This is Dan Brown back to his best; a racy thriller with more twists, turns and total plot inversions than any one book could possibly be expected to contain. It is not great literature, but, then again, it never claims to be. A précis of the plot isn't really possible without spoiling the whole book. Suffice it to say that Robert Langdon, a character who needs no introduction, is back to what he does best, racing across Europe in a desperate attempt to thwart the baddie; who the baddie actually is, however, is swathed in layers of smoke, mirrors and downright misdirection until well into the story.
Whilst Langdon is delightfully the same, he is supported by a cast of well drawn characters who are at once believable yet, in most cases, fundamentally flawed. It is not possible to say more than this without spoiling some element of the caduceus-like plot.
For Audible, however, the performance can make or break the enjoyment of a book, and, in this, the American narration spoiled this to a certain extent. The only non-European character is Langdon himself, so I would have expected some effort on the part of the narrator to reflect this. The entire book is read in American English, the exception being the Italians, whose accents were almost risible in parts, and with such verbal horrors of "niche" continually pronounced to rhyme with "pitch", and "fertile" to rhyme with "turtle". This utterly set my teeth on edge after a while. I appreciate that this is entirely my own personal "taste and fancy", but this is my review and it is sometimes difficult to retain total objectivity.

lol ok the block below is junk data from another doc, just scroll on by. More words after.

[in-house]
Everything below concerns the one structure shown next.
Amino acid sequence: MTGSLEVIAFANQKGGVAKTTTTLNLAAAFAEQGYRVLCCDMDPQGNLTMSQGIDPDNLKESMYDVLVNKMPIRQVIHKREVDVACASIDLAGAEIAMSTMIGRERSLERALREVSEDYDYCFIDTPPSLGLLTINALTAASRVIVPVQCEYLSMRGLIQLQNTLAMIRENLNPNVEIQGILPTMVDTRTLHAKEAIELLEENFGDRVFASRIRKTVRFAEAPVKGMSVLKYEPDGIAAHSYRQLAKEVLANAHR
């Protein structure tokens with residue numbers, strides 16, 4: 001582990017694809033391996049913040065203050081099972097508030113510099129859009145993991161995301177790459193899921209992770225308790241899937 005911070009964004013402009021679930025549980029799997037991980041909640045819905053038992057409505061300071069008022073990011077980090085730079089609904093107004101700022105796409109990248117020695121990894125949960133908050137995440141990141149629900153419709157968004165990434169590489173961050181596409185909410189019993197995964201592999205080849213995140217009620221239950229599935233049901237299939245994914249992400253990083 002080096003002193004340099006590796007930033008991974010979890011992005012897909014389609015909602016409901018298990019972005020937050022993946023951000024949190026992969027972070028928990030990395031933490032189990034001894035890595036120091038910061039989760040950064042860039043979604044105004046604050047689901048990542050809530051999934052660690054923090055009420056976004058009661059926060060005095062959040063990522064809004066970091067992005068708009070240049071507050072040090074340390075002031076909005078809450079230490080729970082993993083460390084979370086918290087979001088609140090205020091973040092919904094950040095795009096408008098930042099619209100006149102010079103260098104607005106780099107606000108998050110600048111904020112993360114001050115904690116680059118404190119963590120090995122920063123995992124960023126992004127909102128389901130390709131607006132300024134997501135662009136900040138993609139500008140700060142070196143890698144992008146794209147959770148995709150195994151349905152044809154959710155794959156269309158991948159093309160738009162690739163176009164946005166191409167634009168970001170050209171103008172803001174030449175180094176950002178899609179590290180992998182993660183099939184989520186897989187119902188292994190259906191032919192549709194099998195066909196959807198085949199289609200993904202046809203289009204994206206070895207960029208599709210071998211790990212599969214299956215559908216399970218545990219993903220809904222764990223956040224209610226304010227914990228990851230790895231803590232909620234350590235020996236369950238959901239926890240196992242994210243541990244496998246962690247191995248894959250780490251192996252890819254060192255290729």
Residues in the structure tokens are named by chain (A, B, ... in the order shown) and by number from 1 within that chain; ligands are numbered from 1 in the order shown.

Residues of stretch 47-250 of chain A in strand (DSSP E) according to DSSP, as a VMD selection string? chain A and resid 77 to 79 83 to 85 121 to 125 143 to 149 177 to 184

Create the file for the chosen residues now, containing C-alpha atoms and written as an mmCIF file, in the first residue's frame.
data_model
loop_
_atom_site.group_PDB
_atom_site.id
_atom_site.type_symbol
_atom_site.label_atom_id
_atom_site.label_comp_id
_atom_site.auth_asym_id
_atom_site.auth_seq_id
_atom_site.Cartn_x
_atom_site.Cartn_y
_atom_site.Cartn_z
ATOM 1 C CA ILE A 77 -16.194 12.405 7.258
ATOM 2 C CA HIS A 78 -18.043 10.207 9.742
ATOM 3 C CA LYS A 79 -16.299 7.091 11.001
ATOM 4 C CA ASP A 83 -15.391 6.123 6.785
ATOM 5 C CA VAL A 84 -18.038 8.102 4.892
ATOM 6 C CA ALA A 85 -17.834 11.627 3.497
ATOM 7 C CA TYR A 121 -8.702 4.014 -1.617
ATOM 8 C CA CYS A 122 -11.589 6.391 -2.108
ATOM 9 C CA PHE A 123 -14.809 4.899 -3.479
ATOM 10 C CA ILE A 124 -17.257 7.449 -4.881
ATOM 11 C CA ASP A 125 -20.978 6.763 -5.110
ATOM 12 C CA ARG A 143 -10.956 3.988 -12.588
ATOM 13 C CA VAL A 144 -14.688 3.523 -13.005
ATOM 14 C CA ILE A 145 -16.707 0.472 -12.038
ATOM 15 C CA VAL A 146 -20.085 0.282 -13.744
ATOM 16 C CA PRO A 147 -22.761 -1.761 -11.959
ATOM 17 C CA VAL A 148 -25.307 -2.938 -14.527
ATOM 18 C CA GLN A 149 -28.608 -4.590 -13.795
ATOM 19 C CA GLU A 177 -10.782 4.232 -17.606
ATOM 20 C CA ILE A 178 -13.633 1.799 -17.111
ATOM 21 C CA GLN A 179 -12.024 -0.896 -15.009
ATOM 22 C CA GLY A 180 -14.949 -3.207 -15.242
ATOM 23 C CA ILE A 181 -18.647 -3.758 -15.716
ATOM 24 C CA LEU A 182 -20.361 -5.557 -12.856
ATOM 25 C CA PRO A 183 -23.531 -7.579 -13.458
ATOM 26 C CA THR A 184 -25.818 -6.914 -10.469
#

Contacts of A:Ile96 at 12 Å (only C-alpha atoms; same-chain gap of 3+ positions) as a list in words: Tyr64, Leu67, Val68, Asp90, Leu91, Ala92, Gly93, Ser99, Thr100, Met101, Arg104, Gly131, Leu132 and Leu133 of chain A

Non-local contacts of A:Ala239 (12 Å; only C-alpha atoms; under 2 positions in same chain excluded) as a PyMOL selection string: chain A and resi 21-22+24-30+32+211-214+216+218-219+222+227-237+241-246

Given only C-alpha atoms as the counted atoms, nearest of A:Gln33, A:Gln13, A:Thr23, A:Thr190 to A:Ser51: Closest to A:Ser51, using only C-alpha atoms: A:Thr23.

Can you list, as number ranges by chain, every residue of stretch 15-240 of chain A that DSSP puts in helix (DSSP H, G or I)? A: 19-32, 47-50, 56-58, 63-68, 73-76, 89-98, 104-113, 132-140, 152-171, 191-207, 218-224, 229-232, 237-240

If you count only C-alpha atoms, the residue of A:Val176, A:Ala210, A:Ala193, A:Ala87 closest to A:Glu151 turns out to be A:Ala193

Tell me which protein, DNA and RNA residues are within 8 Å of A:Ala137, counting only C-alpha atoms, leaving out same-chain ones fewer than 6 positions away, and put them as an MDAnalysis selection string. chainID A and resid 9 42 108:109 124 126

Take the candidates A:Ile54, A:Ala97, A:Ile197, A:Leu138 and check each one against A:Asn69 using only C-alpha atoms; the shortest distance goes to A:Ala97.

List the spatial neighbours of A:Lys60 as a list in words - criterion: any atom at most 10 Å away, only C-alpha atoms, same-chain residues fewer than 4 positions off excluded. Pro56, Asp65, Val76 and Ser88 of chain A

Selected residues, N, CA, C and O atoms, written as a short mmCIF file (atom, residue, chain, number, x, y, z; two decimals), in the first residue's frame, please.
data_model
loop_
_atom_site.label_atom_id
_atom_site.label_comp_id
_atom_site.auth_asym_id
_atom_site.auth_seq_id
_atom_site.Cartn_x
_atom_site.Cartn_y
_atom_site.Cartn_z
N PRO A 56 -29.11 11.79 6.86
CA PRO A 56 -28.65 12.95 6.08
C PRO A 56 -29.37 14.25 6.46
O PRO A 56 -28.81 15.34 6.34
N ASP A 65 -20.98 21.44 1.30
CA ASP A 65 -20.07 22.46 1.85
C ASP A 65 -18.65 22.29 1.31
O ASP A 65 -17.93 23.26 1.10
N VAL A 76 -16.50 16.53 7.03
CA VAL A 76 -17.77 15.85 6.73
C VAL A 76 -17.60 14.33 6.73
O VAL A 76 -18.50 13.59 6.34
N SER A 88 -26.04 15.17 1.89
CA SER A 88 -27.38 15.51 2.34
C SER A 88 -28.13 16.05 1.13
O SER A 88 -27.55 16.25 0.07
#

Overall, this is a great listen, narration aside. Dan Brown fans everywhere will love it; those who never warmed to his oeuvre of the thriller wrapped in conspiracy theory may well be disappointed once again.
I find that Kate Atkinson's books can either be excellent or disappointing - this book definitely falls into the first category. I forgot to take my iPod on holiday, and had to try reverting to reading to stop myself going mad; the only book shop I had access to had this as one of its few offerings. Unfortunately, due to a deteriorating illness, I just could not get past the first few chapters, but the book had ensnared me and as soon as I got home I just had to download it. I listened to the whole book in only two or three days and it totally renewed my faith in the author's tales. The book itself weaves several disparate lives together in a way that could've come across as forced, but didn't in the slightest. The ending, where everybody's life finally comes together, was excellently written, apart from one tiny element that I still don't quite understand despite several 'readings' of the book. I shan't spoil the denouement for those who haven't yet read this marvellous book, but if anyone can explain how the firearm ends up where it does, please let me know. I cannot recommend this book enough.
This book runs seamlessly on from "Body in the Bathhouse" and is more a story continued rather than just the next episode of Falco's memoirs. Now in the barren outpost of Londinium, Falco and Petronius are pitted against some nasty (and one not so nasty!) faces from the past. In this we first meet Albia (one of favourites) and we discover just what misery Falco and HJ rescue her from. Again, Rodska's superlative rendition adds more to Davis's narrative than my imagination ever did.